Rather, a device automatically pings the meter to get a current reading, which is used to generate a bill. AMR systems can be walk-by, drive-by, or fixed network, but regardless of how the meter is read, the communication is one-way. The meter talks to the meter-reading device, but the device cannot send a command back to the meter.
Conversely, AMI enables two-way communication over a fixed network between the utility system and the metering endpoints. It’s a much more powerful and robust system that’s proving its value in some challenging environments, from the rural plains to bustling urban centers.
Historically, AMR systems have been about reading meters quickly and accurately. These systems are certainly useful and continue to be deployed today, but many water utilities are finding that they have challenges beyond simply speed-reading a meter. Utilities are struggling with myriad operational issues that in many cases can be solved by AMI.
With an AMI system, the whole distribution network can be continuously monitored by hourly interval reads. Recent advancements in meter data management have transformed the vast spreadsheets and tedious data-mining activities of just a few years ago into push-button reports...
Mod: Here is the really strange part.
For a municipal water system where customers are also constituents, customer service is critical. With the detailed usage data available in an AMI system, customer service representatives have immediate access to consumers’ consumption information. When a customer calls with a high water bill complaint, the CS representative can give him a complete picture of how and when he’s using water.
“I’m telling you, it’s a pretty powerful thing when somebody calls and says there’s no way the meter is right,” said Sweeney, “and I say, ‘You are an early riser. I see you take a shower at 5 AM.’” The ability to communicate this level of information to the customer not only adds validity to the accuracy of the meter, it makes for superior customer relationships when you can quickly resolve their questions.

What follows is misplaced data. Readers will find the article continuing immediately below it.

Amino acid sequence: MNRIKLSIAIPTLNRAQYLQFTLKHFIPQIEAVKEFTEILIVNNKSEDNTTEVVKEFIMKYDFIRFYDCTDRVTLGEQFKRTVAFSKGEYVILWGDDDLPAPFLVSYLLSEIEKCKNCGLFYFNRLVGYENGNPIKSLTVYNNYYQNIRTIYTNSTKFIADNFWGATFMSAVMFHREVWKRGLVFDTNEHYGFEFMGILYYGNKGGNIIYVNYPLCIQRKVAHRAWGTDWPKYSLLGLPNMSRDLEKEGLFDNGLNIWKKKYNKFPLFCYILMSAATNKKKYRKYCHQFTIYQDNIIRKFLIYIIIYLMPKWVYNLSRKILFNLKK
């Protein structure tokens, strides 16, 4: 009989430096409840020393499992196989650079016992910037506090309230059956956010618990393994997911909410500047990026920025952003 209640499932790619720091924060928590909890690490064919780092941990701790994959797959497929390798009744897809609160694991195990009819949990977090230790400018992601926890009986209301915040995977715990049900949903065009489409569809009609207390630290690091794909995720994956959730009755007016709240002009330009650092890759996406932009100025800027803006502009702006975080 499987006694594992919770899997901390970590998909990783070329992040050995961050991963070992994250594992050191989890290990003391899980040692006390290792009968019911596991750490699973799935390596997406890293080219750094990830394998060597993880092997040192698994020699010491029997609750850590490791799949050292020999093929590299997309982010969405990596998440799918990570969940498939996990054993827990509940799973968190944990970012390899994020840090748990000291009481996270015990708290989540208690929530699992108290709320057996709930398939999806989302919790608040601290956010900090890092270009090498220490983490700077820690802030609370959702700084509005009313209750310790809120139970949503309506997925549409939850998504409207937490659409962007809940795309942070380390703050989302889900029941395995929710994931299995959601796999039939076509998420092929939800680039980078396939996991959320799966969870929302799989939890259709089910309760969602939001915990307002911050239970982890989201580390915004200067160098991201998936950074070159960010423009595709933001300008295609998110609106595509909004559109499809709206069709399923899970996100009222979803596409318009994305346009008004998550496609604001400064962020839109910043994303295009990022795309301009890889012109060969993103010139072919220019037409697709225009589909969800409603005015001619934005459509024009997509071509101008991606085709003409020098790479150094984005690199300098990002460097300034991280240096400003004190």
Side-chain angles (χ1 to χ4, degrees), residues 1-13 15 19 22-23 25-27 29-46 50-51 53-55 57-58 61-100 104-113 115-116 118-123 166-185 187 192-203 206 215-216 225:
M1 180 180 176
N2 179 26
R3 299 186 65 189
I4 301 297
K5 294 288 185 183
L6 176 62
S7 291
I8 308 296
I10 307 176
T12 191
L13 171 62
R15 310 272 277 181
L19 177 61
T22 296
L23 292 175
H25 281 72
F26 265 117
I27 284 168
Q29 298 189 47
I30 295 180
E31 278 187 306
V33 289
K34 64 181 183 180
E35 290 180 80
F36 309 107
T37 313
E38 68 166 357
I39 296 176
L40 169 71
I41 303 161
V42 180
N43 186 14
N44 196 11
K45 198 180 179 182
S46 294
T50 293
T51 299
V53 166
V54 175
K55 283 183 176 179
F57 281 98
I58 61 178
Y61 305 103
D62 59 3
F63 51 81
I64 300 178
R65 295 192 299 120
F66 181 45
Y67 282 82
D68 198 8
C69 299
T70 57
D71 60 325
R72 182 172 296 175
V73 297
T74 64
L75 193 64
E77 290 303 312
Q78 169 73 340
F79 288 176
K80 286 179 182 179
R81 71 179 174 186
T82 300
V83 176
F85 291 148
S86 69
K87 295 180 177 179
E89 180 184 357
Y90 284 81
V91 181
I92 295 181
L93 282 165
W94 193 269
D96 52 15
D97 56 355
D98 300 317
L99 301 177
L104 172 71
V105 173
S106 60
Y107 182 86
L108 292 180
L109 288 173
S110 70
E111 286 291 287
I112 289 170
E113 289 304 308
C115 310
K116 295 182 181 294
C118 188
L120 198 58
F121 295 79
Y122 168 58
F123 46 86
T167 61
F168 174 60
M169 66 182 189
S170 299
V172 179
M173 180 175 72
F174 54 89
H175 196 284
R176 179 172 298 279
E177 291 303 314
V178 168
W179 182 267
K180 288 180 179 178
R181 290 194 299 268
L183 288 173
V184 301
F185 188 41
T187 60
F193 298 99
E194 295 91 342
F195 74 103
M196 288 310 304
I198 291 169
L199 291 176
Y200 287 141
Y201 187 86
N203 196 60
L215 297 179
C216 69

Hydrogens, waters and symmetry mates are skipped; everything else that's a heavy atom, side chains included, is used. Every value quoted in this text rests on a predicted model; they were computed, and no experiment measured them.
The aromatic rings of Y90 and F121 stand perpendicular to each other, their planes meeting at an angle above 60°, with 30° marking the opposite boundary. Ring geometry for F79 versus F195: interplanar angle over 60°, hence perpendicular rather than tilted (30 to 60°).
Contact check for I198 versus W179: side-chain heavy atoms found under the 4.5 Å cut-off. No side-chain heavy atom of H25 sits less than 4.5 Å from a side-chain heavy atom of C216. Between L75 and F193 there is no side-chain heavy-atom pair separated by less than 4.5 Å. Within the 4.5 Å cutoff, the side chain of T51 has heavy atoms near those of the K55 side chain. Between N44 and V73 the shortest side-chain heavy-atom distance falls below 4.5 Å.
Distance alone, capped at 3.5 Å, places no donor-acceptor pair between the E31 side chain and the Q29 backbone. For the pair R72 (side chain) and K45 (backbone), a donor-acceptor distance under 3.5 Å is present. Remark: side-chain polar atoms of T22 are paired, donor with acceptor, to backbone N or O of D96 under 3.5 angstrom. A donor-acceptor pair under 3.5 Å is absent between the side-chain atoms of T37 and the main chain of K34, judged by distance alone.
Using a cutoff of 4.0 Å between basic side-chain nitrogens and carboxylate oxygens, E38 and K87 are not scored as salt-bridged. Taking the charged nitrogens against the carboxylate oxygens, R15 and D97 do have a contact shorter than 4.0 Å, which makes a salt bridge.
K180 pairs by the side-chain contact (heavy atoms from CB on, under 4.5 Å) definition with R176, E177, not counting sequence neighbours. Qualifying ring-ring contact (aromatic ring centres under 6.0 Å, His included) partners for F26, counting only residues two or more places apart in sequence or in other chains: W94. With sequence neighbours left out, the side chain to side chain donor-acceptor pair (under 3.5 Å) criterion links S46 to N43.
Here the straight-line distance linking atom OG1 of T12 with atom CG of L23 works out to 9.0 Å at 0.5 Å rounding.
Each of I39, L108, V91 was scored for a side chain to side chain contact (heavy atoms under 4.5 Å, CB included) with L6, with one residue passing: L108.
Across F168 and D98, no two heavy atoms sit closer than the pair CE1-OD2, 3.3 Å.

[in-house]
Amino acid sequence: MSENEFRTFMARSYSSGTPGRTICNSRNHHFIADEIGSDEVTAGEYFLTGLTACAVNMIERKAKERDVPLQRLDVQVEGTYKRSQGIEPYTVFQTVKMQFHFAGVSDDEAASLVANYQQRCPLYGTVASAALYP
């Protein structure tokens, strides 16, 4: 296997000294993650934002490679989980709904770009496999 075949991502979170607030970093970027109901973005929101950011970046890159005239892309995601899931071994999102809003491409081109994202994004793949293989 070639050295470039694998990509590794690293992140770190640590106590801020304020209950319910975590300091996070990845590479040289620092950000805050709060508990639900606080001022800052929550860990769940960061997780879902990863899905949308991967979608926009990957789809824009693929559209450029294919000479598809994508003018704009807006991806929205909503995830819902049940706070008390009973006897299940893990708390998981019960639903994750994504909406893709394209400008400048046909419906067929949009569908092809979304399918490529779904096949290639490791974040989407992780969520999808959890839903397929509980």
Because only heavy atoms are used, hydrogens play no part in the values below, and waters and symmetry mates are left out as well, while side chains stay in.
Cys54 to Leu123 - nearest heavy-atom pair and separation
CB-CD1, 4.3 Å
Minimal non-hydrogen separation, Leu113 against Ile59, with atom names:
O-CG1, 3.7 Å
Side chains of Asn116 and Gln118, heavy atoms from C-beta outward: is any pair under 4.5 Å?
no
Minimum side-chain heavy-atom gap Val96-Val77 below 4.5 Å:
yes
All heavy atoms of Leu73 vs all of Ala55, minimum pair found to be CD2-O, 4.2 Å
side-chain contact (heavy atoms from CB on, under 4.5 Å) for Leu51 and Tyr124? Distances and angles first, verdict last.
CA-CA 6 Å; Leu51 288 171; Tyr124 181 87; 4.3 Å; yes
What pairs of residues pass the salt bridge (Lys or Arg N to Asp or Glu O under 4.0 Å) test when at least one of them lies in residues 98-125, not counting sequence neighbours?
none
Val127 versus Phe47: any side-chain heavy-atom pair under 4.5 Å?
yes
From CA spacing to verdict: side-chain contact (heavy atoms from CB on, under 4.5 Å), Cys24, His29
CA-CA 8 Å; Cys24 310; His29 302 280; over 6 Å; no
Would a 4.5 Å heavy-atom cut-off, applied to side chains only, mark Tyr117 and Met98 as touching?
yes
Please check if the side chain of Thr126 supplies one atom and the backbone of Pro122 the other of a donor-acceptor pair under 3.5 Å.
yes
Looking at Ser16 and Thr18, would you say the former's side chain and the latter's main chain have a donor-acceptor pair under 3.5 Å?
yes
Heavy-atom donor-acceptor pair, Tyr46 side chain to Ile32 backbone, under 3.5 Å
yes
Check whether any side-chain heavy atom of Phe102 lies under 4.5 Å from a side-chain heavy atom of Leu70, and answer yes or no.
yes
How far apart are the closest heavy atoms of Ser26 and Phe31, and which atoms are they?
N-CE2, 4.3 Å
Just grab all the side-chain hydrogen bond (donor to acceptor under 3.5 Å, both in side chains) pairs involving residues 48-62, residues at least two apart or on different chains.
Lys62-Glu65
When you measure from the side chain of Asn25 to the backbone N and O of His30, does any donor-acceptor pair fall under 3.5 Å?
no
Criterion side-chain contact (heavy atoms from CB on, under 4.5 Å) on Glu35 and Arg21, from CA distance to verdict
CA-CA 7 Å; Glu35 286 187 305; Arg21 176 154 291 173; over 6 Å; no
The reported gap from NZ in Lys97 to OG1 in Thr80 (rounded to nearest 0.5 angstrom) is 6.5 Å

The customer isn’t the only one feeling satisfied. “As a customer service representative, you’re trying to help someone with a problem,” said Schlenger. “Nine times out of ten, you’re reacting to unpleasantness.” This takes a tremendous toll on customer service reps. But being able to investigate, diagnose and solve a customer’s problem, changes the CS rep’s perspective.
“When you really feel you can help customers and be proactive, then your whole feeling about your job changes,” said Schlenger. “It becomes more enjoyable and you have more time as an organization to start being analytical.”
The thought of some lost soul at City Hall being able to count the times you flushed your toilet last week, and then "proactively" throwing that information back in your face should they feel the need to do so, is kind of discomfiting. Exactly how much does a city's water department need to know about your very personal affairs?
Properly framed, this should make for an interesting conversation tomorrow night.